Bold flavours and no gimmicky twists

LOCAL TOUCH: Even when chef Teo uses chilli crab paste in Pluck's Tiger Prawn, 62 Deg C Egg, Chilli Puree, it is because the sweet-sour-spicy paste works well with the meaty baked prawn and soft egg.


    Aug 18, 2014

    Bold flavours and no gimmicky twists

    CLUB Street is really hopping these days, with shops and offices making way for more bars and restaurants.

    But the focus of these new eateries seems to be more on attracting the drinking crowd, while the food has been lacklustre.

    Pluck is an exception. The three-month-old eatery, which offers a menu of small bites and sharing plates, is a little late to the game. Dozens of similar establishments have opened here in the past two years, and the market, I feel, is already saturated.

    Still, Pluck is noteworthy because the food is good. And unlike most of the other tapas-style eateries, where the chefs are Caucasian, Singaporean Brandon Teo is in charge of the stoves.

    The alumnus of the now-defunct Keong Saik Snacks is someone to watch. His cooking is confident and his flavours are bold - which puts him on a par with many better-known foreign kitchen talent. What I also like about his style is that he does not get gimmicky with twists on local dishes.

    Even when he uses a local ingredient such as chilli crab paste in a dish of Tiger Prawn, 62 Deg C Egg, Chilli Puree ($29), it is not to call attention to any clever take on the "national dish". It is simply because the sweet-sour-spicy paste works really well with the meaty baked prawn and soft egg.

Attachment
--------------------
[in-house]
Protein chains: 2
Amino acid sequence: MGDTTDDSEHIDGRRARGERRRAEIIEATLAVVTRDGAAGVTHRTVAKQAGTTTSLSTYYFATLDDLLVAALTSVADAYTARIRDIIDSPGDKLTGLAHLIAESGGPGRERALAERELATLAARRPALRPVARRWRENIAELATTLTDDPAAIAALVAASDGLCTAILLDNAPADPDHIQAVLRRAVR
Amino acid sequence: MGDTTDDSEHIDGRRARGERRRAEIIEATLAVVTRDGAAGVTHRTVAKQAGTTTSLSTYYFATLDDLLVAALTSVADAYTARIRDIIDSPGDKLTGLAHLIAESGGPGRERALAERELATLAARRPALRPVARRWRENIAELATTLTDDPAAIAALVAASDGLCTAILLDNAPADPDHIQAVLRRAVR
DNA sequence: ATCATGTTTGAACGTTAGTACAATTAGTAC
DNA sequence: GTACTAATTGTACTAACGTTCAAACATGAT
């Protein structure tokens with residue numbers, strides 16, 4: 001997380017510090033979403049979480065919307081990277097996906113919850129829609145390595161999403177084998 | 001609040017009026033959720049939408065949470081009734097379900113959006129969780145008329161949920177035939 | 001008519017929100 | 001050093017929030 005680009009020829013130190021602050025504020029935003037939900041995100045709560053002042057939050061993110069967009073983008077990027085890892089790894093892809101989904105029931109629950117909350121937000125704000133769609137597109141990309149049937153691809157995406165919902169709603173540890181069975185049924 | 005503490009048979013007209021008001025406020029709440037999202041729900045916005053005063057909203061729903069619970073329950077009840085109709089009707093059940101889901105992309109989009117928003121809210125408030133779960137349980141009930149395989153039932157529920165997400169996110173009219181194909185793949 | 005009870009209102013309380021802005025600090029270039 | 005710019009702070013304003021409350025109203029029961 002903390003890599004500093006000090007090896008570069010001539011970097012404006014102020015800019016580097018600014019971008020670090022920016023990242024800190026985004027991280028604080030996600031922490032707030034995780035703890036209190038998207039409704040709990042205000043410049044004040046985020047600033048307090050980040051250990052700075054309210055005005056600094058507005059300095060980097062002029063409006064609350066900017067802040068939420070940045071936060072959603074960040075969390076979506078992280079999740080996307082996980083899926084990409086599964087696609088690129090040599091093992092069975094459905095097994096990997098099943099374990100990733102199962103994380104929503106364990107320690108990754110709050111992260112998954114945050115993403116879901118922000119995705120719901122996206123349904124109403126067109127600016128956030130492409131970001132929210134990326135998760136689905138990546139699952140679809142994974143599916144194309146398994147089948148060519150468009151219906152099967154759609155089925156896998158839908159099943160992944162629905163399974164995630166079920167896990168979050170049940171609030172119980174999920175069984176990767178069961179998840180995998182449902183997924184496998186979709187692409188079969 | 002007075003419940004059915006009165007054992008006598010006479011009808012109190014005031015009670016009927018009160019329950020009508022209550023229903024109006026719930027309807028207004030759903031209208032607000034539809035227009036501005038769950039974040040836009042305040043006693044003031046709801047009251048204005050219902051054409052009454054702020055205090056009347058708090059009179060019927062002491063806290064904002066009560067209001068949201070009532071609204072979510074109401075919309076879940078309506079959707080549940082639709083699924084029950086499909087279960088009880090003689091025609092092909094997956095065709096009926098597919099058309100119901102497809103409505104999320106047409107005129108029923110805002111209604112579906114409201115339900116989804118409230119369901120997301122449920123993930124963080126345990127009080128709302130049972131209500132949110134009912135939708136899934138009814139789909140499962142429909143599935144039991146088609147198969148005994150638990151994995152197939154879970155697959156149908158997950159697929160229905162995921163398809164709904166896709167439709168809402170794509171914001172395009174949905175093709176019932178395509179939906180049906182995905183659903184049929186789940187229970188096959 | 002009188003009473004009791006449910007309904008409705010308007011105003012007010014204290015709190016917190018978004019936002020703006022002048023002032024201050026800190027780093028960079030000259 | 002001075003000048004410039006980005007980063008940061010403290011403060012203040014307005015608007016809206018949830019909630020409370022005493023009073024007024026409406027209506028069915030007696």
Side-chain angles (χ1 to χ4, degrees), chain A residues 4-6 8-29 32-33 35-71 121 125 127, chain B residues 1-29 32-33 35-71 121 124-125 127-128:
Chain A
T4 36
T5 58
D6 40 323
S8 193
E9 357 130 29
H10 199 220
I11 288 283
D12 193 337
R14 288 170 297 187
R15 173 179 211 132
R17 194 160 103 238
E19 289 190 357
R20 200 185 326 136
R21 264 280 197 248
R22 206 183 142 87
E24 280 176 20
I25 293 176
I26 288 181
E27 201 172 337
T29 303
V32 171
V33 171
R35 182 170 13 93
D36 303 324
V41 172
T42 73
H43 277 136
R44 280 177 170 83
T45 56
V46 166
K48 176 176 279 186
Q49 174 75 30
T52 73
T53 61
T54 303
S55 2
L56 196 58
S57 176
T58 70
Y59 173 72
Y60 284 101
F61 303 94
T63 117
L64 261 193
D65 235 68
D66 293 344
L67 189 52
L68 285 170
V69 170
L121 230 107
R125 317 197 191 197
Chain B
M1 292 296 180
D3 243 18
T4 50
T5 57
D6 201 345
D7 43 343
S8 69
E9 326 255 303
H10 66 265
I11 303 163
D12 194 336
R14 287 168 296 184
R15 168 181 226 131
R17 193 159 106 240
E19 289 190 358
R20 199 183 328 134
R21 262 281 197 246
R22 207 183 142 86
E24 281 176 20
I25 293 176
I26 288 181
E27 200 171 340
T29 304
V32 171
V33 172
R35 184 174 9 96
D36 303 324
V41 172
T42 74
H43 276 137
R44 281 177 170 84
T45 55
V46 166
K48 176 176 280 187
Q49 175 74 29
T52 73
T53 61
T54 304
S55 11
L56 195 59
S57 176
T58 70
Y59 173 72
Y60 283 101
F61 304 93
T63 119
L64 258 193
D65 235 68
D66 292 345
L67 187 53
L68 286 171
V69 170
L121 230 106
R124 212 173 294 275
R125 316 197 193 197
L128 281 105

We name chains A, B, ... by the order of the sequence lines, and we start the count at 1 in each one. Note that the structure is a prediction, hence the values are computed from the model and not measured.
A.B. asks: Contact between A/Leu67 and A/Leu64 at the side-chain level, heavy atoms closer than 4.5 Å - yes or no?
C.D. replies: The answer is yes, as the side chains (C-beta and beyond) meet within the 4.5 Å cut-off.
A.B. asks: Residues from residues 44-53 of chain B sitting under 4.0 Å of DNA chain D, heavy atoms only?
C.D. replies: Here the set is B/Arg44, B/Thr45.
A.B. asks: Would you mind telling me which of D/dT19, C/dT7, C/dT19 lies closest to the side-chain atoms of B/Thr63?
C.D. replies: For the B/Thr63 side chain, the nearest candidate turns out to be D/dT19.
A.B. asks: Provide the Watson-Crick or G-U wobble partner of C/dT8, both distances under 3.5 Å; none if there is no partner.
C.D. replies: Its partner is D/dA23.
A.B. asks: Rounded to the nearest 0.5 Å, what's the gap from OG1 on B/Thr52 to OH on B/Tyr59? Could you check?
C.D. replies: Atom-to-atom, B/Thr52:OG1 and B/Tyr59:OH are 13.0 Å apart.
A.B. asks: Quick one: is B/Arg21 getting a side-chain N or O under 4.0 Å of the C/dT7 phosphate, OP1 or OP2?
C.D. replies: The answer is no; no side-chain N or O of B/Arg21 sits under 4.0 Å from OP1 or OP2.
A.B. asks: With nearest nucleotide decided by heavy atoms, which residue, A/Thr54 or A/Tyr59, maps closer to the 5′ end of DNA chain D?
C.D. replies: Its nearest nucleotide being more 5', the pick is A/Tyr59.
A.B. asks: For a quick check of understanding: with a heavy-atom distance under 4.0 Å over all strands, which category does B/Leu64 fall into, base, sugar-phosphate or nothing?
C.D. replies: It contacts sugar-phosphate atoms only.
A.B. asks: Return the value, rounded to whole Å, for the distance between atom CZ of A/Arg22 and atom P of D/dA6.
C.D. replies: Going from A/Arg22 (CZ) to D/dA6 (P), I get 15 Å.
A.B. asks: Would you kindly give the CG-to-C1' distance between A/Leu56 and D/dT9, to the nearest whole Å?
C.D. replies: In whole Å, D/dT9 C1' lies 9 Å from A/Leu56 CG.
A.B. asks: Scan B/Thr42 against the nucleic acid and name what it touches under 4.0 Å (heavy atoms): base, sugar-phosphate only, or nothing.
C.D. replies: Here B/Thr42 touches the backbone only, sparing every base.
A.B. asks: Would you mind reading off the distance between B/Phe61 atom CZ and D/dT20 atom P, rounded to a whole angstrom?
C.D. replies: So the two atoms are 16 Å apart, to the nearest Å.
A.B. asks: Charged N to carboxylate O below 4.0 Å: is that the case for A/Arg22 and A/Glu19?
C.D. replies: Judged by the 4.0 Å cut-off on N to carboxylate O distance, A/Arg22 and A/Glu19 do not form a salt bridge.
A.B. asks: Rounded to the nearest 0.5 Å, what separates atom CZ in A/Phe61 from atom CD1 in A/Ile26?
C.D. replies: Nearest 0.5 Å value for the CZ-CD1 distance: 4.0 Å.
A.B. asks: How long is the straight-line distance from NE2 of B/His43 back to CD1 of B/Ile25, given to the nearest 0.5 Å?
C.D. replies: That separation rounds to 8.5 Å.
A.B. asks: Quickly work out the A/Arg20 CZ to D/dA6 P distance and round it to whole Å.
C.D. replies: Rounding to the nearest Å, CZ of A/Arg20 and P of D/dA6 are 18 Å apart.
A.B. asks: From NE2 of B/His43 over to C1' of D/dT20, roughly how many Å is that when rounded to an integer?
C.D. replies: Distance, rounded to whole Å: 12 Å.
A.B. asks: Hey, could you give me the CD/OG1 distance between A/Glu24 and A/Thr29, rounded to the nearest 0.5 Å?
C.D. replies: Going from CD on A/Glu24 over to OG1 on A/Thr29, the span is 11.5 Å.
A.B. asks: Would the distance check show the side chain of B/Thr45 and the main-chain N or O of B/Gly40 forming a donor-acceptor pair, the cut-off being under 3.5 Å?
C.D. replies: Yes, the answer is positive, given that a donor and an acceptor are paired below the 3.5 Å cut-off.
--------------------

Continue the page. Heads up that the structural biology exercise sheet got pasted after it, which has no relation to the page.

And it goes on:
The deep-fried mantou (Chinese buns), served on the side with some sea salt, are also really good.

    Teo's dishes all comprise multiple components, each contributing a different flavour or texture.

    An example is the Roasted Mushrooms, Aubergine, Hazelnuts ($18), in which three types of roasted mushroom - shimeiji, button and king oyster - display very different characteristics. Add the soft aubergine puree and crunchy nuts, and you get a vegetarian dish that no one can fault for being boring.

    My favourite is the Clams Ginger Broth & Pork Belly ($16). The idea of combining clams and pork belly is original, and makes sense as the meat adds depth to the clam juices in the broth.

    The slices of pork belly are first marinated and toasted so they have the texture of bak kwa and do not taste oily. They provide variety to what would otherwise be a simple clam broth, and in a very good way.

    The Whole Grilled Squid, Saffron Rice & Potato Dashi ($22) is good too, with the squid cooked perfectly and the red wine potato dashi emulsion tasty enough. But I wonder why there is such an emphasis on it being a whole squid when the tentacles are missing from the dish.

    I have no complaints, however, about the Pork Neck, Roasted Chestnuts, Sweet Potato & Caramelised Pears ($22). The meat is succulent and flavourful, and the sweet potato, pear and chestnut all make good matches.

    The Wagyu Skirt ($46 for 400g) is not as enjoyable. Skirt is a tough cut that requires considerable chewing. But wagyu gets its flavour mostly from the fat, which is absent in a lean cut such as this.

    If I have to chew so hard, I'd rather have a slice of grass-fed beef - the South American breeds are good and cheap - and be rewarded with better meat flavour.


    90 Club Street, tel: 6225-8286


    9am to midnight (Monday to Thursday), 10am to 1am (Friday), 5pm to 1am (Saturday). Closed on Sunday.








    Budget from $70 a person